What are robo-advisors?

What are robo-advisors?

Have you ever come across a term robo-advisor? Have you ever wondering what that is? The first thing that comes to your mind is probably the “robo” bit, but if you’re imagining a human-like, metal creature you cannot be further from the truth. Robo-advisors are digital, financial advising platforms that make investment decisions without or with a minimal human intervention. They make use of algorithms to allocate assets and manage portfolios. After the 2008 financial crisis, lots of people lost trust in the financial sector and were reluctant to pay financial advisors hefty fees. This is when low-cost robo-advisors came to play and started attracting lots of customers. The other factor that drives robo-advisors is that the majority of millennials are comfortable with online tools, so they expect to have a similar experience when it comes to investing.

robo-advisors

 

How do robo-advisors work?

So how exactly those robo-advisors work? Let’s get into the details.

Robo-advisors collect client’s personal information, risk tolerance and investment goals. Based on that, they choose an appropriate portfolio structure. Most robo-advisors make use of Modern Portfolio Theory to allocate money between different types of assets like stocks and bonds maximising returns while minimising risk. Instead of investing money in particular stocks or bonds, robo-advisors prefer to choose exchange-traded funds (ETFs) to diversify their portfolios even further. Majority of robo-advisors make use of tax-loss harvesting to optimise customers’ taxes. The first thing that a tech-savvy person might notice is the fact that robo-advisors are not that clever. They allocate money based on predefined rules and rebalance your portfolio to bring it back to the base level if there is too much money allocated to one type of assets. Let’s look at this example. Let’s assume you are a fairly young investor and a robo-advisor decides to put 90% of your cash into a well-diversified portfolio of stocks and 10% of your cash into government bonds. If the value of your stock allocation rises to let’s say 95% of the value of your total portfolio a robo-advisor rebalances your portfolio by selling some of your shares and buying more bonds to bring the levels back to 90/10. It is as simple as that. It’s not rocket science at all.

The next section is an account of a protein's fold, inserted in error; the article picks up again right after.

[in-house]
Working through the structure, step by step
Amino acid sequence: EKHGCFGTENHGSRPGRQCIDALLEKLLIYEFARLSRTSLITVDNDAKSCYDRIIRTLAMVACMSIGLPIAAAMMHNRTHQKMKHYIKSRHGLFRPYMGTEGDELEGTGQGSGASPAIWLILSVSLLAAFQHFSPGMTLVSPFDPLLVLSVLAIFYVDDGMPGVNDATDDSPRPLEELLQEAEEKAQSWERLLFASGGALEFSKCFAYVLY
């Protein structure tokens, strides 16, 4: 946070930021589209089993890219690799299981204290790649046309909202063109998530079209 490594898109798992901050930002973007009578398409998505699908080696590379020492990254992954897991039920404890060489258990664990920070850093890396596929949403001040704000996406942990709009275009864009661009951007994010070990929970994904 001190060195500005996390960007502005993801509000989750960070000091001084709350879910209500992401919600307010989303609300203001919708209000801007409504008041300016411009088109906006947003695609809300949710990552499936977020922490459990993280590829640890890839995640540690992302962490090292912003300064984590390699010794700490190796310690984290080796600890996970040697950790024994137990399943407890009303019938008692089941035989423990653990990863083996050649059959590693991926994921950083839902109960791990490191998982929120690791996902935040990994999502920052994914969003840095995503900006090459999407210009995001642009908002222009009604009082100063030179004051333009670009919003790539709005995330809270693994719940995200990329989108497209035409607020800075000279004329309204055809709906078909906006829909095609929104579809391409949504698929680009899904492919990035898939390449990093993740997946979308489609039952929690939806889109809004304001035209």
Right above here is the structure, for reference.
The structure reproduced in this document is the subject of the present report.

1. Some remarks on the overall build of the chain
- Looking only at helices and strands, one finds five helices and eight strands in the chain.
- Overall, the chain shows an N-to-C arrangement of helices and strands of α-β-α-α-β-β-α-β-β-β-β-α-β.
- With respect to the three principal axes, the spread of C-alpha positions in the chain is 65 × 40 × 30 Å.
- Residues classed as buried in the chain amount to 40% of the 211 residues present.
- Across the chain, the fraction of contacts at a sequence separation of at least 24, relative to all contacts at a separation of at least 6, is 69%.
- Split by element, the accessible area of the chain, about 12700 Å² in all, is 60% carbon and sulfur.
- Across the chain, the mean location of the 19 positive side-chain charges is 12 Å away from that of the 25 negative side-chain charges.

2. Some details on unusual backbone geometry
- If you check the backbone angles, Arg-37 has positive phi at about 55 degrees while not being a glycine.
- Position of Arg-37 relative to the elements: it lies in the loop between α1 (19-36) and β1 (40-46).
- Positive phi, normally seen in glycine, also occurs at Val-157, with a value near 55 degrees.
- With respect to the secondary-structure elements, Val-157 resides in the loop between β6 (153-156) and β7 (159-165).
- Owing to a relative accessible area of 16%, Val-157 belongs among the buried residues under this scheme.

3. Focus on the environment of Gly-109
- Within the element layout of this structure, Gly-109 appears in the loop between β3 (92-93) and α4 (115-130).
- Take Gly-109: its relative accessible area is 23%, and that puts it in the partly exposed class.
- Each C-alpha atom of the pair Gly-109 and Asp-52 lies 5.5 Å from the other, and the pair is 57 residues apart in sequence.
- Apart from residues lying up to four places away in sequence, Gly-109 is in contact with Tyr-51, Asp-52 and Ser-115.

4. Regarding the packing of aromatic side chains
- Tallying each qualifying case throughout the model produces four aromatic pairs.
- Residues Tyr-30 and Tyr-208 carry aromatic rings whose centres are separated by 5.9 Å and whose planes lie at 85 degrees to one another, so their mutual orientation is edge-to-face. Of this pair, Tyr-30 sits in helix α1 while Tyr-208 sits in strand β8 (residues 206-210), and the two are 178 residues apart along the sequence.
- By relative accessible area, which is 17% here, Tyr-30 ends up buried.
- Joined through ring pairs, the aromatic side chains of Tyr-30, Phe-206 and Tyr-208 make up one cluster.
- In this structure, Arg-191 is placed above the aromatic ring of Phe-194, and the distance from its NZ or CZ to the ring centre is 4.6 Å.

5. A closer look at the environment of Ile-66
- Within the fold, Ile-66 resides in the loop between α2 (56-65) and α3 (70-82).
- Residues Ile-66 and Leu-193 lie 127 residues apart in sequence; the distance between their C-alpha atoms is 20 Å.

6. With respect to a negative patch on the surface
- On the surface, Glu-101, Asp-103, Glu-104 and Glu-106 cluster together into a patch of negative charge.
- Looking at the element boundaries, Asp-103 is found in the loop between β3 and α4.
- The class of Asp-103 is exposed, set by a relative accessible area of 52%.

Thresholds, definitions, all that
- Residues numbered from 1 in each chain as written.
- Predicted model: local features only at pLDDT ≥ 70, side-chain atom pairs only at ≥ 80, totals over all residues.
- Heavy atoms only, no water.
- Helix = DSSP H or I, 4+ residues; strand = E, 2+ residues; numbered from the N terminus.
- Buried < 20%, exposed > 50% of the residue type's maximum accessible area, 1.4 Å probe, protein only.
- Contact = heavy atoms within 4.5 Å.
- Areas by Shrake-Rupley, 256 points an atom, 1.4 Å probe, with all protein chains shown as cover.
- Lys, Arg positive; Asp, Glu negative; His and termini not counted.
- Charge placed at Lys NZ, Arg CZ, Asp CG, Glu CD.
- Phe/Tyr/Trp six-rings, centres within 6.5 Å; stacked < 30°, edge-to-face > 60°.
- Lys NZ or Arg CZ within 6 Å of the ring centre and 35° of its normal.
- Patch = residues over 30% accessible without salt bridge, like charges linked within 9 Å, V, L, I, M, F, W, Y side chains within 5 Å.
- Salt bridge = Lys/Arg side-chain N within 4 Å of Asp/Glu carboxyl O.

Although the most popular robo-advisors work in this way, there is also a small subset of robo-advisors that make use of AI and machine learning to predict what the most profitable investments in the future will be. These types of robo-advisors are way more exciting, but they also carry a substantially higher risk. Of course, it all depends on how big chunk of our portfolio is actively managed by AI, but from my perspective, it looks like those robo-advisors start to resemble more hedge funds than anything else.

Different types of robo-advisors

As we know from the previous chapter, not every single robo-advisor is the same and there are some substantial differences between them. Let’s have a look at some of the common types of robo-advisors:

  • Standard robo-advisors – these robo-advisors work just like described in the previous section. They allocate money between stocks and bonds based on predefined rules. They facilitate passive investment strategy.